Sadly, the debate over sustainability policy is becoming increasingly polarised

John Alker

From the perspective of the press, the Conservative conference kicked off like all good party conferences should - with rumours of defections and a salacious scandal.

But the gossip threatened to overshadow a more important piece of news for the building industry – the Tory plan to exempt 100,000 new starter homes for under-40s from a “raft” of taxes and regulations, including the zero carbon standards.

On the back of the exemption of small sites from these regulations (announced in the Queen’s speech in June), it’s becoming increasingly difficult to know exactly how many - or how few - new homes will be built to zero carbon standards come 2016 when the regulations take effect.

Perverse, of course, because highly energy efficient homes with some renewables integrated, are just the sort of thing to help families pay their energy bills.

Having taken to Twitter to express my disapproval of the “appalling” plan, I then found myself in the middle of mini social media controversy when my Tweet was favourited by climate change minister Amber Rudd and this was picked up by the BBC.

Support for the nascent green sector shouldn’t be seen as a political left or right issue

A slip of the finger or intentional criticism of her party’s policy? The fact that the question is even being asked highlights the somewhat contradictory approach of the Conservatives on energy and climate change policy.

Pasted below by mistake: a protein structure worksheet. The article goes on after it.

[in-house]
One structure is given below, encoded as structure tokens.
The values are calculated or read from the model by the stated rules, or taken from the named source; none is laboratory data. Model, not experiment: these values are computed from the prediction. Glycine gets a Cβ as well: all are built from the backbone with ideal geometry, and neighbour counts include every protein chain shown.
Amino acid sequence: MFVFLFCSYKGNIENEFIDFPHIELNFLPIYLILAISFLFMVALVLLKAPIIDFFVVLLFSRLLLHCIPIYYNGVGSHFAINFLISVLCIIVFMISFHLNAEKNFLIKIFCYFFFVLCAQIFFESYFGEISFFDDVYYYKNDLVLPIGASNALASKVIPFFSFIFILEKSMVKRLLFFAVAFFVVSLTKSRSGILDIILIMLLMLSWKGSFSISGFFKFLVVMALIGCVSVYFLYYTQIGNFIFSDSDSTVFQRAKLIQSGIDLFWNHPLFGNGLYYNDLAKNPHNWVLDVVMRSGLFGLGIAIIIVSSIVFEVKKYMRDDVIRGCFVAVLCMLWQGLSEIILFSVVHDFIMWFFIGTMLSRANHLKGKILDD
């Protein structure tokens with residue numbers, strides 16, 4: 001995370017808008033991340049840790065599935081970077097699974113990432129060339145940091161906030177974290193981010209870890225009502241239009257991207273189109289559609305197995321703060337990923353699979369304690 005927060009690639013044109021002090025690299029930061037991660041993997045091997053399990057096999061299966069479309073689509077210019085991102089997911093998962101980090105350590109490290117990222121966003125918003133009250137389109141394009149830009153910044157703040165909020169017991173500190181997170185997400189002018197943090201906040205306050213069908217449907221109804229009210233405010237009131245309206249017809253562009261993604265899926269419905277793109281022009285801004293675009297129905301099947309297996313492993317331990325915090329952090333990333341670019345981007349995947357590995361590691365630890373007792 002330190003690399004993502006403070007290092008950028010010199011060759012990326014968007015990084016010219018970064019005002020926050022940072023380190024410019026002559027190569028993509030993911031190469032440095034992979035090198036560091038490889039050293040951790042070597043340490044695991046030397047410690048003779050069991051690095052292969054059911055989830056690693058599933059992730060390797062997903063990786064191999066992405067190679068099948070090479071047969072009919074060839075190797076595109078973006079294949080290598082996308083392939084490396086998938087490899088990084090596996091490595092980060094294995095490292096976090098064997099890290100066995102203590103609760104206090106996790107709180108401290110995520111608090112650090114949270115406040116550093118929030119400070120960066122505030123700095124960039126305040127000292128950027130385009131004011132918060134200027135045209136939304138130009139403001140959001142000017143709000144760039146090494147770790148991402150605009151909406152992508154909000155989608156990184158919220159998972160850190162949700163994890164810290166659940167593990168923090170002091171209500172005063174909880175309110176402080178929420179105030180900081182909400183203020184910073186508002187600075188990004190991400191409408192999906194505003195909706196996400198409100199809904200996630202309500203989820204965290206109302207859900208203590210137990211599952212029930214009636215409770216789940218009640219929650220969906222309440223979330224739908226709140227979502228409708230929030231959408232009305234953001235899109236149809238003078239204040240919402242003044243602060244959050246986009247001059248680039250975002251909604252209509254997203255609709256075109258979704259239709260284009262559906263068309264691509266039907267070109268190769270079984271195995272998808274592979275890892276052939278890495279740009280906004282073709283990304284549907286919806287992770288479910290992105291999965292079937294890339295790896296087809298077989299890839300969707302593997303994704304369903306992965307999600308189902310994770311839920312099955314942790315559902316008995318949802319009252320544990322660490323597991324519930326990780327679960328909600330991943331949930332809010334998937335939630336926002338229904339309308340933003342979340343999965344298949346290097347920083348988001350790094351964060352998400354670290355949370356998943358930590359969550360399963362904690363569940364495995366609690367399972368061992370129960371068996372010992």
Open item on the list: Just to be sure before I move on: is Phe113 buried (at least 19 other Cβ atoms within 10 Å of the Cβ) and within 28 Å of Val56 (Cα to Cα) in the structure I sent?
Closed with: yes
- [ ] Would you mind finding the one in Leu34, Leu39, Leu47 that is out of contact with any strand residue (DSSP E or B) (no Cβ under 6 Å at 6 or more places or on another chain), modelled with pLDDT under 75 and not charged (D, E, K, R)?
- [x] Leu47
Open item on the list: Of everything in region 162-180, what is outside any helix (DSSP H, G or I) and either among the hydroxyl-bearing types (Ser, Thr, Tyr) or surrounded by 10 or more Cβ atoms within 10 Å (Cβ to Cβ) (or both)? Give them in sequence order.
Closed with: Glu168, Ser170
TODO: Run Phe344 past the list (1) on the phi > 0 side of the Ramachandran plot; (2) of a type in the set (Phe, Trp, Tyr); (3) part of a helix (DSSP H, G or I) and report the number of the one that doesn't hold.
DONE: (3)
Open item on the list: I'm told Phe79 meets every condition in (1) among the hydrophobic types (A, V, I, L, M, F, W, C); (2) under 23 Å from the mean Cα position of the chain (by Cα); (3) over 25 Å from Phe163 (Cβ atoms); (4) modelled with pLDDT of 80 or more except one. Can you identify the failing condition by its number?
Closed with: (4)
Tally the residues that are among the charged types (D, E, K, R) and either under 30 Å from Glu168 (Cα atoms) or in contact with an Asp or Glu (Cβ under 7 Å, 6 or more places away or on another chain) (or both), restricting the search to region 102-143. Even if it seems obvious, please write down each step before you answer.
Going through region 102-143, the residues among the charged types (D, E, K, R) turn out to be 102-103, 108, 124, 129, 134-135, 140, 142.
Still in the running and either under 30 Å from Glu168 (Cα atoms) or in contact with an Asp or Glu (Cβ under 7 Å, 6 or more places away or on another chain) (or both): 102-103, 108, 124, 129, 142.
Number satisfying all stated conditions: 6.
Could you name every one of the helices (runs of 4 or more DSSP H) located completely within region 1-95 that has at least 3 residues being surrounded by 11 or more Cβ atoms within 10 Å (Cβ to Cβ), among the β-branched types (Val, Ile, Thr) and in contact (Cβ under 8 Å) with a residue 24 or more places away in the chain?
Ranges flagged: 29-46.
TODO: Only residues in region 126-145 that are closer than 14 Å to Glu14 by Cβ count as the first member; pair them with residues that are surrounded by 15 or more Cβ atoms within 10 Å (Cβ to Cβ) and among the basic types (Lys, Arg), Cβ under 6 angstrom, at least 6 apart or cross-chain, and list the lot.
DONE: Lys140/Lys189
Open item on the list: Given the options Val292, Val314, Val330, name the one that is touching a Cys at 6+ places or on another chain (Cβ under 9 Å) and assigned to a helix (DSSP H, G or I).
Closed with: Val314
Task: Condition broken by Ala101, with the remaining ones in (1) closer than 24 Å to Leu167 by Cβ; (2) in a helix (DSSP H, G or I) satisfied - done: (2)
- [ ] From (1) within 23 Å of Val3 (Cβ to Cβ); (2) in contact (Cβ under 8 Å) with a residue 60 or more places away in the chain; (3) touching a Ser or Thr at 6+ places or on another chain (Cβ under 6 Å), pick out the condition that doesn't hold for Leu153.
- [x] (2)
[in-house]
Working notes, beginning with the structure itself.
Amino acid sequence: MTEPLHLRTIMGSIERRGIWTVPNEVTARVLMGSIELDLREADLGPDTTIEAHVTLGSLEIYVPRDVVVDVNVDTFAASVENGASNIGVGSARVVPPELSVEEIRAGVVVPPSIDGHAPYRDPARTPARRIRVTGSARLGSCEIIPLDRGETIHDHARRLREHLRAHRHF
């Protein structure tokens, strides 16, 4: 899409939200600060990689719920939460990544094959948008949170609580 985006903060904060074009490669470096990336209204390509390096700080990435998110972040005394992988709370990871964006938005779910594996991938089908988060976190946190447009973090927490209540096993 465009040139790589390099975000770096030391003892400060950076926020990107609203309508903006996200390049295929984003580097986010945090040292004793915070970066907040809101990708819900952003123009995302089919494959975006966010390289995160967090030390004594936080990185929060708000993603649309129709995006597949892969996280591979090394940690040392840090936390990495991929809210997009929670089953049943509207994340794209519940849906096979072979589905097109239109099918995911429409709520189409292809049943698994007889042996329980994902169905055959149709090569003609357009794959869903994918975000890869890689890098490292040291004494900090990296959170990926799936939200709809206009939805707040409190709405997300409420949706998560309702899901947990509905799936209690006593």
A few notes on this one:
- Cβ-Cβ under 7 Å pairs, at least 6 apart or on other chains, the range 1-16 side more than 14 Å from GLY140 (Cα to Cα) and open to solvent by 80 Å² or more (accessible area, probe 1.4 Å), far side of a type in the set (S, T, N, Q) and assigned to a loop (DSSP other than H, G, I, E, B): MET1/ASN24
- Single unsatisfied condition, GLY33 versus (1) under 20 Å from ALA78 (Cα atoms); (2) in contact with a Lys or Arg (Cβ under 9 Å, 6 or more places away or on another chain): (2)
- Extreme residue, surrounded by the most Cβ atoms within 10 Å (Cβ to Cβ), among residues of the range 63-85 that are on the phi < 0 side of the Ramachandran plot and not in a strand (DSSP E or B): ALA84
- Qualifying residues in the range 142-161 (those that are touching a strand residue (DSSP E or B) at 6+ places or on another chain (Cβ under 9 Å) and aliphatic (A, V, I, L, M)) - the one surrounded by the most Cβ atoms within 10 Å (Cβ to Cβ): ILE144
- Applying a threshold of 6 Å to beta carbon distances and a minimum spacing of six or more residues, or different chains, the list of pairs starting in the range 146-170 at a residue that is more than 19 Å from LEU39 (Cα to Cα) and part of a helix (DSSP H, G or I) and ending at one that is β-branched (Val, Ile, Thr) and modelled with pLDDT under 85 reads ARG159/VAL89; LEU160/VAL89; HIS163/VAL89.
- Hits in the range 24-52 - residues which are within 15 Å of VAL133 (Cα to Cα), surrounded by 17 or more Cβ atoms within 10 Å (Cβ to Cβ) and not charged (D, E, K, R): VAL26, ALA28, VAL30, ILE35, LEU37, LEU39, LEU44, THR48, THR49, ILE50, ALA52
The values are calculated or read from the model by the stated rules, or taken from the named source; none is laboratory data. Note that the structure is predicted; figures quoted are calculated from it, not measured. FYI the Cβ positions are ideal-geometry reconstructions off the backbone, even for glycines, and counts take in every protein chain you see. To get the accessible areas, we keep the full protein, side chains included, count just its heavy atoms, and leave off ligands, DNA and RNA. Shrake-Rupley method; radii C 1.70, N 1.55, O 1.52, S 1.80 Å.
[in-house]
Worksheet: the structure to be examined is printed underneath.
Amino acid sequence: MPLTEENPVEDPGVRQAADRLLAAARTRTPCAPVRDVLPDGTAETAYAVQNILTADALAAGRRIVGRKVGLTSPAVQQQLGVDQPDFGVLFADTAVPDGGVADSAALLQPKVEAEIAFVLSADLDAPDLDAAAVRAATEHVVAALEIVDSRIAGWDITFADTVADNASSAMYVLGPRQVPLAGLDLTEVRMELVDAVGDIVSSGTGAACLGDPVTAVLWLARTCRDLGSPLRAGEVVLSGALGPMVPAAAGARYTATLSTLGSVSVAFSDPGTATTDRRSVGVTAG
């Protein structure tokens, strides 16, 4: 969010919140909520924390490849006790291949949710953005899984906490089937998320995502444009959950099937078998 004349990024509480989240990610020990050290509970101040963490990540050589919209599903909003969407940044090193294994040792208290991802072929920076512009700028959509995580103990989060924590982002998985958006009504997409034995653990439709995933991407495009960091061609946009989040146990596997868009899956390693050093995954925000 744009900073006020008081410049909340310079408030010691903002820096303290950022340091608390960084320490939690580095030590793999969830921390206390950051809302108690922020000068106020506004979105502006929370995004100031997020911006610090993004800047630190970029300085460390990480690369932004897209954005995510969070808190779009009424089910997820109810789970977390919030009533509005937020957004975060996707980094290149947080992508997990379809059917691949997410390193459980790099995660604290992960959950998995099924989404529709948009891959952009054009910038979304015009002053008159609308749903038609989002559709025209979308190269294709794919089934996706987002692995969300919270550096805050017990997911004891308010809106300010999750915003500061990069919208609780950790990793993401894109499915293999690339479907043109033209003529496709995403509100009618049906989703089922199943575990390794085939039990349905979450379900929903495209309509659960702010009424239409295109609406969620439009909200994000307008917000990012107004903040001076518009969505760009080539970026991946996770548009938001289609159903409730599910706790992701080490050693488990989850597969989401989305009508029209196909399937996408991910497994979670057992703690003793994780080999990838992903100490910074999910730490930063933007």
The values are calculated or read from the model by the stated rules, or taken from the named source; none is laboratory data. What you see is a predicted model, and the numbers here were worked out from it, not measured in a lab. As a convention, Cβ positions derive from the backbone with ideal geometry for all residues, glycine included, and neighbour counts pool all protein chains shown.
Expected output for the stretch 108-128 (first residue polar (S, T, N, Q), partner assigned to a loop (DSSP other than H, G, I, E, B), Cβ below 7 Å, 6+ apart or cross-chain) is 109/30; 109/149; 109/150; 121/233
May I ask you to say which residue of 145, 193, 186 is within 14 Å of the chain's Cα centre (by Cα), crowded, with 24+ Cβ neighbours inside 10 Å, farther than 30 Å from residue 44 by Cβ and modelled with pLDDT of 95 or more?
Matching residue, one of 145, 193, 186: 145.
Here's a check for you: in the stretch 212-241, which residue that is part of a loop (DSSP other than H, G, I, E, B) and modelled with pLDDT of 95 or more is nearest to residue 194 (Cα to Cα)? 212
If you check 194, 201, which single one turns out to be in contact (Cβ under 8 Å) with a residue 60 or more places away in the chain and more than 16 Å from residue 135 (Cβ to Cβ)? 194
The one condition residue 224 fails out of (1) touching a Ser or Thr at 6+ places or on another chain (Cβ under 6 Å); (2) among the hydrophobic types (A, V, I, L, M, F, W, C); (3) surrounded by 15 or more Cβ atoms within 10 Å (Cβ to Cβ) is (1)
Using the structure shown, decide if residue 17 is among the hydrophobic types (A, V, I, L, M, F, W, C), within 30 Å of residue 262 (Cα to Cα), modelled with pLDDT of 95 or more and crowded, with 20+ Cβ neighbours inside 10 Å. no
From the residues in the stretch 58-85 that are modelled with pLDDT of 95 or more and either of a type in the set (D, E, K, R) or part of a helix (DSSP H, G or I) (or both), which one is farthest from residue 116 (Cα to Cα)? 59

Only a week ago David Cameron described climate change as “one of the most serious threats facing our world” - and particularly threatens economic prosperity - when he spoke at the Climate Summit in New York.

But yesterday, in the speech to his party in Birmingham, his mention of it was so brief, you could have blinked and missed it. And in the chancellor’s speech on Monday, George Osborne focused on infrastructure, technology and new industry, missing a golden opportunity to emphasise the role of the green economy, and its significant economic contribution to UK Plc.

Protection of the environment and support for the nascent green sector shouldn’t be seen as a political left or right issue, but sadly it’s becoming that way.

When you think about it, it’s bizarre that accepting overwhelming mainstream scientific opinion on a particular topic has become so closely aligned to one’s political philosophy.

Part of the problem, of course, lies in the policy response to climate change. It tends to require a greater level of government intervention than many Tories are comfortable with.

Surely this is a circle that can be squared. Self-styled blue-green Tories like John Gummer argue coherently for a government role that helps enable vibrant markets in green products and services, but their voices are few and far between. Let’s hope those voices don’t get completely drowned out as we head into the election.

John Alker is director of policy at the UK Green Building Council